Monday, February 27, 2017

Recycled Peanut Container turned Condiment Canister


Just a quick recycle craft tutorial this week. You know you might have a problem when you need to make a special container for your hot sauce packets. That being said, I needed a special place for my hot sauce packets. :)


So I salvaged a peanut container from the recycling and made a label by finding a photo of some peppers and then searching for a transparent logo to drop over the top. I put it all together in word and added my own glowing text. Then I printed off the whole page onto regular printer paper (24lb white).


Then I cleaned the label off of the peanut container. It was a stubborn one. It required a trip through the dishwasher, scraping, goo gone, more scraping, more goo gone...you get the idea. But once it was clean I measured the area that the old label covered and cut my new label to size with a paper cutter. This particular container called for a 3 1/2 inch tall by 8 inch wide label.

Then I used a foam paintbrush to apply a thin layer of mod podge and applied my label.


I painted the glue onto the container and carefully wrapped the label around the front and sides of the container. Then I let it dry for a few minutes so the paper wouldn't be damp and likely to tear.


After it had had a little bit of time (say 10 minutes or so) to set, I then put a thin layer of mod podge over the whole label to seal it. Be careful not to brush aggressively on ink jet printed images--they can smear. I put a layer on with a light touch and then just smoothed out any areas that looked goopy. If you think it's not sealed enough, it's better to put on a thin layer and let it dry then to add more glue when it's wet. It would be much more likely to smear or tear.


I waited about 30 minutes before filling it with hot sauce and popping it in the fridge.

Monday, February 20, 2017

Simple Knotted Suede Bracelet


I bought myself a subscription to Martha Stewart Living last week. It was on sale--I don't usually buy magazines. After I rolled my eyes at Martha's calendar for March (which listed her plans for starting her garden and throwing birthday parties for her grandchildren), I came across a little project for a bracelet that I could do (and had all the stuff to make). Then, I went into my craft stash and got the things I needed and actually made it. Seriously, how often does that happen (and from a magazine no less and not the digital wonderland of Pinterest)? The answer--I can't remember ever making something I saw in a magazine.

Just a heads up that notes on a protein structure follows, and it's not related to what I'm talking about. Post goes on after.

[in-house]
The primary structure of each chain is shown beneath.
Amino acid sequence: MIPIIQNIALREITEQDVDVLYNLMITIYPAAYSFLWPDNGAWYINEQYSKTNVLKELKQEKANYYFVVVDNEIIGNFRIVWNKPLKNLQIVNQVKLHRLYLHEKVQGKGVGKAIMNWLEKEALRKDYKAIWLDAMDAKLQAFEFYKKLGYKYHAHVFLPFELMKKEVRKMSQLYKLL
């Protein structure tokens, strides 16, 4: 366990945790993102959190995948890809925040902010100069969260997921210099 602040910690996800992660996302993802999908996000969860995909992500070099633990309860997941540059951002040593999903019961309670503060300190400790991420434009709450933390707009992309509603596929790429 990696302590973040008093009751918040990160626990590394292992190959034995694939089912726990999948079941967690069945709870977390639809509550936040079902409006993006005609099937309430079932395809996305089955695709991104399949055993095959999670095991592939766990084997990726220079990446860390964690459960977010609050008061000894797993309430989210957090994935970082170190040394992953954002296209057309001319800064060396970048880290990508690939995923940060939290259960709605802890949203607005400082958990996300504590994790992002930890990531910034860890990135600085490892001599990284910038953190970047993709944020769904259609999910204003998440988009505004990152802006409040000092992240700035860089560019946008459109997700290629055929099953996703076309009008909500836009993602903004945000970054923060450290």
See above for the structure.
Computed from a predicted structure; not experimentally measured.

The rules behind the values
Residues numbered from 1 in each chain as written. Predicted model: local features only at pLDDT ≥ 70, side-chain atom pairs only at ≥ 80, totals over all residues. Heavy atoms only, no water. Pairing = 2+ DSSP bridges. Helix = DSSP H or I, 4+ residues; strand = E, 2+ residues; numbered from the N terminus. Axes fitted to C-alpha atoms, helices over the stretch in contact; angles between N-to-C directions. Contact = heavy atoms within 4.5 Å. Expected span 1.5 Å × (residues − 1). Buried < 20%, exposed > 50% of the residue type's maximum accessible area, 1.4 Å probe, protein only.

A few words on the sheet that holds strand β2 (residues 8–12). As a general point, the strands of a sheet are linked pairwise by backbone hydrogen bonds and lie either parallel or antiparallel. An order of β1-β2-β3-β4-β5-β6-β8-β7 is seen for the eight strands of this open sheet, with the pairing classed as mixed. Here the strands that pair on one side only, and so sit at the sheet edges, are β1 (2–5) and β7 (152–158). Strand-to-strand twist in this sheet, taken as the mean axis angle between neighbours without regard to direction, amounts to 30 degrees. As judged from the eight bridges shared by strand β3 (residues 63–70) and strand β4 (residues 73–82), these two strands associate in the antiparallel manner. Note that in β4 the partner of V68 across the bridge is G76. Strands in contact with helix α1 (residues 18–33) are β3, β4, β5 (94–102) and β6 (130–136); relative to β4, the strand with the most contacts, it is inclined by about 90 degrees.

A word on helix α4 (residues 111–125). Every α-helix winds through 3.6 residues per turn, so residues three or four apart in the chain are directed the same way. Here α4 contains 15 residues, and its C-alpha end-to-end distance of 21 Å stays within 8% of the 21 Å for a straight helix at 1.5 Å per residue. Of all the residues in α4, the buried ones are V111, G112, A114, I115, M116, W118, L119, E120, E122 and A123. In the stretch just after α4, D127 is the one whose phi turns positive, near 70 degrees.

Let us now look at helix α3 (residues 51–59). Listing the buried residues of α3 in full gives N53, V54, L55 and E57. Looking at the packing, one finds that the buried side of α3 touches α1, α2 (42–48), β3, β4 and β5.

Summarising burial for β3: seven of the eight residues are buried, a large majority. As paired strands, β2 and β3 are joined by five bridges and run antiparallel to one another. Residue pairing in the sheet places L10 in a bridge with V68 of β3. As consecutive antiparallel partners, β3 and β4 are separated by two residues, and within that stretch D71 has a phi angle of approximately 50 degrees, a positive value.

Well, there's a first time for everything. I started by fishing some charms out of my bins of jewelry making stuff. I found some skeleton keys, an owl, an Eiffel Tower, a shamrock, and a little blue circle that says "Happiness." I started by using some jewelry pliers to attach jump rings to the charms. If you've never made any jewelry, jump rings are one of the first things you master.


They are just little rings that you can pry open and pinch closed to attach beads and charms to chains or necklaces. They are pretty easy to work with if you have some small pliers. If you don't have a set of jewelry pliers, a needle-nose pliers will work, but it may leave marks on the jump ring.


After I put rings on all of my charms, I strung one onto about a foot of faux suede cording. The magazine suggested a foot, but I found out later that if you have a bigger wrist (as I do) you'll probably need more.


Then I made a loop (the bracelet) and tied one of the free ends in a regular overhand knot over the other side of the cord. Then I repeated it on the other side. (Picture of overhand knot below if you can't see it in the picture above.)



Then you have a bracelet. Just trim off a bit of the extra cording and you can slide the knots to adjust the size of your bracelet. This first one I tried to make turned out tiny. I am not tiny.


So to get a better idea of how big I needed my bracelet, I tied one knot and then slide it onto my wrist and had my husband help me tighten it to about the size I wanted. Then I could tell how much cording I needed, etc... Once you have one made that's about the right size, the rest are easy peasy. I ended up needing about 18 inches (I did not measure, so I'm guessing it was about 18 inches) of cording to make my bracelets (I have a large wrist--7.5 inches tight, 8 inches for a loose bracelet). 


After I knew how long to make them and about how far apart to space the knots, the rest took minutes to make. These should be a lot of fun to wear and easy to stack with each other and other bracelets. Maybe I should try more projects from magazines. :)

Monday, February 13, 2017

Punched Tissue Paper Valentine's Day Heart Bowl


Happy almost Valentine's Day! I'm so glad I could squeeze one more Valentine's Day project in this year! I had one of those heart-shaped glass bowls you can get at Dollar Tree and I wanted to jazz it up. I just couldn't figure out what to do. Years ago, when I first started working with tissue paper and mod podge, I tried to use a paper punch to cut out shapes of tissue paper to decorate a glass candle holder. It didn't work. Not even a little. I totally had to shift gears and work with patterned paper. Since then, I've done tons of tissue paper and mod podge projects. Not too long ago I saw a tutorial for another one of those projects where they punch tissue paper with paper punches...and in my head I was like: nope, nope, nopity nope, can't be done. Then I kept reading. They said they had to layer the tissue paper by folding it over several times before it would punch. I had tried punching a couple layers the first time, but not several. Oops. Time to try again!